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Yes, the Tea Party beat Eric Cantor. But it still isn't winning.
House Majority Leader Eric Cantor's loss was a huge scalp for the conservative GOP insurgency. But what's the endgame?
 
Don't get too excited. 
Don't get too excited.  (AP Photo)

Tuesday night belonged to the Tea Party. The big news from yesterday's primaries is that House Majority Leader Eric Cantor (R-Va.) was soundly defeated, 56 percent to 44 percent, by an underfunded, no-name Tea Party primary challenger, David Brat, an economics professor at a college most people have never heard of (Randolph-Macon College, in Ashland, Va.).

On the face of it, this is madness on the part of Republican voters and a pyrrhic victory for the Tea Party. It's not that the GOP is likely to lose the conservative district to the Democratic nominee, fellow Randolph-Macon professor Jack Trammell. But Republicans in Virginia's 7th Congressional District just traded the influence and perks of being represented by the No. 2 person in the House — tipped to be future House speaker, no less — for a powerless freshman backbencher. And they also removed from Washington a politician hated by none other than Tea Party bête noire President Obama and other Democrats.

Nonetheless, unseating Cantor was a big victory for the RINO-hunting wing of the GOP — even though, as Slate's David Weigel notes, Cantor is a conservative stalwart who was until recently viewed as a Tea Party champion. Why did his constituents turn on him?

The theory being pushed by Brat and his backers on conservative talk radio is that Cantor was too willing to pass an immigration reform bill that would open a path to citizenship, especially for law-abiding immigrants brought here as children. Mark Z. Barabak at the Los Angeles Times pretty persuasively argues that Cantor made the two cardinal political sins of putting his political ambitions ("first Jewish president in U.S. history!") ahead of his constituents and underestimating his opponent until it was too late.

If Cantor had sailed to victory, as expected (by just about everyone, including national Tea Party groups), the big story of the night would have been the trouncing Sen. Lindsey Graham (R-S.C.) delivered to a handful of Tea Party challengers, winning 59 percent of the vote to their collective 41 percent.

The storyline would have been that the Republican establishment was soundly defeating the Tea Party — the defeat of Texas Lt. Gov. David Dewhurst and the runoff for Sen. Thad Cochran (R-Miss.) notwithstanding — and that, perhaps this time, for real, the Tea Party was gasping its last breath. Now the conventional wisdom is that if a powerful conservative like Cantor can fall, no Republican is safe from a Tea Party challenge. In other words, the old is new again.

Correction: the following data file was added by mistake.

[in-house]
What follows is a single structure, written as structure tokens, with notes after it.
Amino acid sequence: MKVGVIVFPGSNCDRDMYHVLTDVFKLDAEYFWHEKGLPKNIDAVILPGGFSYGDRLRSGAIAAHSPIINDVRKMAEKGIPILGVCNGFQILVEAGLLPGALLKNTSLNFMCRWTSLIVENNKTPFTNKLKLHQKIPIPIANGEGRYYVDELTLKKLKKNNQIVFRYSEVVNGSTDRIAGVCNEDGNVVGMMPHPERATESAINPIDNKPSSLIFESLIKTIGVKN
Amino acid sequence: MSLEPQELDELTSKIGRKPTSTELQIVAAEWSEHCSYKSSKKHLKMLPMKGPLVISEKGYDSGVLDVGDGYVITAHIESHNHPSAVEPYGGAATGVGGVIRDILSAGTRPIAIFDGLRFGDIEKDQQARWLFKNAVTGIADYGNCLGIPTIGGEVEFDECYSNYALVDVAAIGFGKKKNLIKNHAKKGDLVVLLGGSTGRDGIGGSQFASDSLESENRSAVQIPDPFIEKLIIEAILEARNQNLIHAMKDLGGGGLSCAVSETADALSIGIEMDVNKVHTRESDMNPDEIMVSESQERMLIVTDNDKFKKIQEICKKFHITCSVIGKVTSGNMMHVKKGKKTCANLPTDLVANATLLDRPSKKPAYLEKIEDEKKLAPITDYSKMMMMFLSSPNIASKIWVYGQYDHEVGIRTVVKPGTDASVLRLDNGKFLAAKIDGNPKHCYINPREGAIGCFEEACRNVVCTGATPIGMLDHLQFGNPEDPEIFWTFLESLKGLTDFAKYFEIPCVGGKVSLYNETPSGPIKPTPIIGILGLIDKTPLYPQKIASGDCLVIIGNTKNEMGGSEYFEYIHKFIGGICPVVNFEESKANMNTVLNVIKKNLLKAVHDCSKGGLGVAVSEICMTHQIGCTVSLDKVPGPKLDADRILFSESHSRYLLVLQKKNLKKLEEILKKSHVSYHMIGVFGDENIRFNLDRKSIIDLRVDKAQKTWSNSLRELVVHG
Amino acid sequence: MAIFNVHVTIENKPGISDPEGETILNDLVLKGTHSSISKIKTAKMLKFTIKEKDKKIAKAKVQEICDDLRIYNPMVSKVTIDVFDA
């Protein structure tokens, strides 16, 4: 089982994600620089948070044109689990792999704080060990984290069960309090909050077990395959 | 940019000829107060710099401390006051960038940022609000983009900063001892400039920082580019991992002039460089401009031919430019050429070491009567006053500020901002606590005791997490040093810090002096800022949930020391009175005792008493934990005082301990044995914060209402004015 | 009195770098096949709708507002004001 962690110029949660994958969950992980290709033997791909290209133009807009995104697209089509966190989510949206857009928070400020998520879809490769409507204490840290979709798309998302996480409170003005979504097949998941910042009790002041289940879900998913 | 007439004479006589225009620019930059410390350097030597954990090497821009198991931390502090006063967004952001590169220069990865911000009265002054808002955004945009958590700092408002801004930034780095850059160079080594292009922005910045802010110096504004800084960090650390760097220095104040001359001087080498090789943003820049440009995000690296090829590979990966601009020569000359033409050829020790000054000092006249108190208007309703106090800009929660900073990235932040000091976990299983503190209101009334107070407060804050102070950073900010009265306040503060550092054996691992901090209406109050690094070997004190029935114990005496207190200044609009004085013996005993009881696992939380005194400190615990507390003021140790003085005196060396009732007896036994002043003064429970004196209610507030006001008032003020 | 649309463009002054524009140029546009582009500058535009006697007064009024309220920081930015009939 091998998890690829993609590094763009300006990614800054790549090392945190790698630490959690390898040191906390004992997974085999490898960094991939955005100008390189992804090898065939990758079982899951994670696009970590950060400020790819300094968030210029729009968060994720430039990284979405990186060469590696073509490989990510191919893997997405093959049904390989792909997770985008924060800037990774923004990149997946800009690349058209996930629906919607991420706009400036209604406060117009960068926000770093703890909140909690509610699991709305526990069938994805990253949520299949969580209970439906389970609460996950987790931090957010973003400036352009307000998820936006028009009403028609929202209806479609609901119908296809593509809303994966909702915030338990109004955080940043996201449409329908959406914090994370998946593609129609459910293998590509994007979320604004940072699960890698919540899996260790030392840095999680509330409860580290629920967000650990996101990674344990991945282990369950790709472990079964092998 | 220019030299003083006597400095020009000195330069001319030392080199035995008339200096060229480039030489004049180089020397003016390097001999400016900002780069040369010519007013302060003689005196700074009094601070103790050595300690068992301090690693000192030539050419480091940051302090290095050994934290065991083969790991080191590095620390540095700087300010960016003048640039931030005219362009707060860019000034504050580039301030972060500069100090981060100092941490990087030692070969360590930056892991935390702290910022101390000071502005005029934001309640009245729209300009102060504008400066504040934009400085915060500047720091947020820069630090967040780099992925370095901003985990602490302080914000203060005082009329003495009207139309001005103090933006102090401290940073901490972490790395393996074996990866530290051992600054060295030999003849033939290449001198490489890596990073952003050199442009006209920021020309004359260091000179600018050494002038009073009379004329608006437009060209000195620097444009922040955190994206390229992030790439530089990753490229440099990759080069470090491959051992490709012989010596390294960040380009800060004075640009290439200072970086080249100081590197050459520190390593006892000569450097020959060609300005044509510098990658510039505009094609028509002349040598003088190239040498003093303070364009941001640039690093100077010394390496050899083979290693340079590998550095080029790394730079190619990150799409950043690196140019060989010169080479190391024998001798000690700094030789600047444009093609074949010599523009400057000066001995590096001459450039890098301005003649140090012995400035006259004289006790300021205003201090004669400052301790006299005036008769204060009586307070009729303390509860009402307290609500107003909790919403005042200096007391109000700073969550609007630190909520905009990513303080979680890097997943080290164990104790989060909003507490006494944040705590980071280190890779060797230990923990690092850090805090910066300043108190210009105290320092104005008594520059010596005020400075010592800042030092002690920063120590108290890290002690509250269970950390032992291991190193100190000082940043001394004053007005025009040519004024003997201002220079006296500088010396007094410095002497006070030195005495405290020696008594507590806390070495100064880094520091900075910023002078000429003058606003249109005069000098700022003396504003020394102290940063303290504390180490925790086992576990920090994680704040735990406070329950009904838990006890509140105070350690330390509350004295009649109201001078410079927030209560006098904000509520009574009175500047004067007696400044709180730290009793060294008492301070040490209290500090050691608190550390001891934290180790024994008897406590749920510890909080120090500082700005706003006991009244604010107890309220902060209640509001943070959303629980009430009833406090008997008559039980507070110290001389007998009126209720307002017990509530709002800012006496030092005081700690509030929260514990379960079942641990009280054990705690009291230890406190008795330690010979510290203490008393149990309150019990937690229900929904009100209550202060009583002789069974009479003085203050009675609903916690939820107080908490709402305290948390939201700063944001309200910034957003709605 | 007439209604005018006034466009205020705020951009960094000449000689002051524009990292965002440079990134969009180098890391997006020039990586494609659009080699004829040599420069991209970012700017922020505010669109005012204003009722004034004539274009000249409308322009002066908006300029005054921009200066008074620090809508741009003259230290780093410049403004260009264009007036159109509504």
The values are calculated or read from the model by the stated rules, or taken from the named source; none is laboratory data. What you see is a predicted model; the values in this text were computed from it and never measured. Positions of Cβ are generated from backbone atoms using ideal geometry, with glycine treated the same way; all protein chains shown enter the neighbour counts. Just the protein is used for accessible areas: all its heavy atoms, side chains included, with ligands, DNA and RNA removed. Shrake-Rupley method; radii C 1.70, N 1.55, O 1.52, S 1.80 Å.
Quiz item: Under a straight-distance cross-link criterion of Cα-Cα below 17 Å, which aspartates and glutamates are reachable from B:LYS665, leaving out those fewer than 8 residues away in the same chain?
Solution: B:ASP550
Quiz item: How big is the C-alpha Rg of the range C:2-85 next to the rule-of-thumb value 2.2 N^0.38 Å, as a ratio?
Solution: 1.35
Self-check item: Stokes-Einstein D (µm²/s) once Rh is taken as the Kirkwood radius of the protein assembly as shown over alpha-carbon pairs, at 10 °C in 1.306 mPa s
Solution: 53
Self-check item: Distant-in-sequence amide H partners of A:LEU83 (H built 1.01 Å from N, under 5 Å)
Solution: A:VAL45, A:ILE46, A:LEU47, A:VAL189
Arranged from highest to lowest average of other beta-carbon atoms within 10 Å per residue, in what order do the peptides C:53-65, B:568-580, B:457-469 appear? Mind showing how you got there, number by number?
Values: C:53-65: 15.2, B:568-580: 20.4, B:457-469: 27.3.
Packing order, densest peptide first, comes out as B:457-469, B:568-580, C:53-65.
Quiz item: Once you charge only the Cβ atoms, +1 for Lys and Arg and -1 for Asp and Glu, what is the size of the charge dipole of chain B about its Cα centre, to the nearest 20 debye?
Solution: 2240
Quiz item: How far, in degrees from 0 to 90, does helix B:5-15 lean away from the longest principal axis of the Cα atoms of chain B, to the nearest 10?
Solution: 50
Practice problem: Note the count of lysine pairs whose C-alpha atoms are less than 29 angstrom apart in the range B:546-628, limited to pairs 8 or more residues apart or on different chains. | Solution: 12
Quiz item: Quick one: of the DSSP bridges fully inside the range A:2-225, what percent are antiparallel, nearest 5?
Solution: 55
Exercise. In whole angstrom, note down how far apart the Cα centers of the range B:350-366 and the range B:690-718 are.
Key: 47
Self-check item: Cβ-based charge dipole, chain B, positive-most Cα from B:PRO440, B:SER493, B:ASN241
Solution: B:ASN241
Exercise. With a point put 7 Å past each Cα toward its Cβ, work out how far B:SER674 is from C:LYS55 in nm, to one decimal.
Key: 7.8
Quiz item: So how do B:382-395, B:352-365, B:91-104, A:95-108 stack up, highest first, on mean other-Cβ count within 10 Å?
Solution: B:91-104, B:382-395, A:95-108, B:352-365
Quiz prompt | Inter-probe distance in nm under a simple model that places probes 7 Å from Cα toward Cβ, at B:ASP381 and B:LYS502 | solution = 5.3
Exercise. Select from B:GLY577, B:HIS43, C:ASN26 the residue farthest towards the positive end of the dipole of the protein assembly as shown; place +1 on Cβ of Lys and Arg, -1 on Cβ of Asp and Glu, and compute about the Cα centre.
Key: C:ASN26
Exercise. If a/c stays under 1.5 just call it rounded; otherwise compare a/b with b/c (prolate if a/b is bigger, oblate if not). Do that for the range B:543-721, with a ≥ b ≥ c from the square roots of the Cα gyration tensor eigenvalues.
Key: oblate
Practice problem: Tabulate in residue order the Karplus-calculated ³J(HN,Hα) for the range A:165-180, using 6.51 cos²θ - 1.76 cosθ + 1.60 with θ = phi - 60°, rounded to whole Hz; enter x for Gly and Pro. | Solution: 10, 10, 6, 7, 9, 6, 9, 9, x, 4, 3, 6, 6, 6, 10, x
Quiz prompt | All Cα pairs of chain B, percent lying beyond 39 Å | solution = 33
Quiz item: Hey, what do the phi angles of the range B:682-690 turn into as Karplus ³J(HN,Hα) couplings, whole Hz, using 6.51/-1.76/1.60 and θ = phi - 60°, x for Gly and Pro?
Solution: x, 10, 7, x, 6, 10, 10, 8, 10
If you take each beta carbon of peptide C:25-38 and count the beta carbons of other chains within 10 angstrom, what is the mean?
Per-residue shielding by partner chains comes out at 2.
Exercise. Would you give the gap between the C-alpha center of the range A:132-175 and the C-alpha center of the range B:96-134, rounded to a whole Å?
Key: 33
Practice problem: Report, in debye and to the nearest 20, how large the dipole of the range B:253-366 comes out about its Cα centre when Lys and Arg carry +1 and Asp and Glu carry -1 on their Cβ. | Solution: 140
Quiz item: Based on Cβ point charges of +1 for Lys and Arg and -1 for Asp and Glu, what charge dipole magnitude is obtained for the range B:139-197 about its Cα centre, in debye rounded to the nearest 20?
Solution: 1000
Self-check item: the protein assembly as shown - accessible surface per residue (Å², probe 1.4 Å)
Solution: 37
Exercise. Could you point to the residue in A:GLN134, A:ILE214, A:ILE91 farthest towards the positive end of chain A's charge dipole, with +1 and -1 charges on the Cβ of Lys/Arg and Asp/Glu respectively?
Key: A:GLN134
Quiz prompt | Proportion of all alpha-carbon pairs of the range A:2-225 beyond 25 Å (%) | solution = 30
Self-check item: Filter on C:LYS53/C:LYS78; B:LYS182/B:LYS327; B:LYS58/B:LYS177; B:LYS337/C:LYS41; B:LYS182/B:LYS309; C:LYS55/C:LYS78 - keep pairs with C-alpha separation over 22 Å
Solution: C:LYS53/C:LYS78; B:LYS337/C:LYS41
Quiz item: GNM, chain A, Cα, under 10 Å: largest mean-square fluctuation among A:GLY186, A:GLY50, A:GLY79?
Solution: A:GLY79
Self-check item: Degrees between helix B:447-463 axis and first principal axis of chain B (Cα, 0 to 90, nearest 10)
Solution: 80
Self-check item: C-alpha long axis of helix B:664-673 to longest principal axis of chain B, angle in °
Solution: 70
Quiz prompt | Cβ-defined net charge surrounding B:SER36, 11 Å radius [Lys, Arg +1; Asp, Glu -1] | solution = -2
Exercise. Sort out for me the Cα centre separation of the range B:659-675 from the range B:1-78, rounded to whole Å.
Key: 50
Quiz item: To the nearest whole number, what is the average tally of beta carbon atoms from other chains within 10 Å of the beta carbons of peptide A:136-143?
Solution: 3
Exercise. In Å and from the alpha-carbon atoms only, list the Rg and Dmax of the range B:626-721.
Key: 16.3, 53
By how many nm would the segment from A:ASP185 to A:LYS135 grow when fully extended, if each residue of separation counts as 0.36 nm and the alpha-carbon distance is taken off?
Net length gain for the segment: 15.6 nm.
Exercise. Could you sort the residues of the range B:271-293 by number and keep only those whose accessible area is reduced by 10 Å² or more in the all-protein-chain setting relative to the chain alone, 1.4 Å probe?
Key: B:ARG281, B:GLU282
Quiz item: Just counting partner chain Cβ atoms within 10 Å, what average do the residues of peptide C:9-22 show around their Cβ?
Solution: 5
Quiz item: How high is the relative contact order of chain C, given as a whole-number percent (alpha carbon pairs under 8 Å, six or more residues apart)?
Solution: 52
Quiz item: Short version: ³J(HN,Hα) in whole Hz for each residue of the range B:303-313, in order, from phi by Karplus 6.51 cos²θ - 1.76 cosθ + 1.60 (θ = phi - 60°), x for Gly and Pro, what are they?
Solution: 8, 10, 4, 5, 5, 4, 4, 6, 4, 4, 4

And it's probably a true message. The Tea Party loses just about every national policy fight, but it is steadily transforming the Republican Party through this tactic: Push the party to the right by threatening to unseat any incumbent who is insufficiently conservative, too willing to compromise, or inclined to put small policy victories over pure principle. It has been a very effective strategy. But it only really works for a party that's out of power.

How does this play out? Let's speculate: If the GOP keeps the House this fall, as expected, and wins the Senate, as seems plausible, the next battle is for the presidency in 2016. To get there, Republicans would probably have to do something to convince the country to trust them, something other than saying no to Obama and the Democrats.

But here's the bigger problem for the Tea Party, assuming it wants to be more than a protest movement. The further it pushes the GOP to the right, the less palatable the party will be to the general electorate. The Tea Party's most politically advantageous stand is on fiscal conservatism. Yet even there, the most recent Gallup polling shows that while a plurality of Americans consider themselves economic conservatives, the numbers aren't enough to win a popular election:

The numbers are worse on social conservatism:

Pew's polling is roughly in line with Gallup's.

Establishment Republicans want to win, even if it means winning over some moderate voters. The Tea Party wants to win, but only on its own terms — a much riskier proposition. As the string of statewide establishment GOP victories this season shows, Republican voters seem to be leaning toward the former strategy. With a living, active Tea Party breathing down their necks, Republican politicians have some hard choices to make.

 
Peter Weber is a senior editor at TheWeek.com, and has handled the editorial night shift since 2008. A graduate of Northwestern University, Peter has worked at Facts on File and The New York Times Magazine. He speaks Spanish and Italian, and plays in an Austin rock band.

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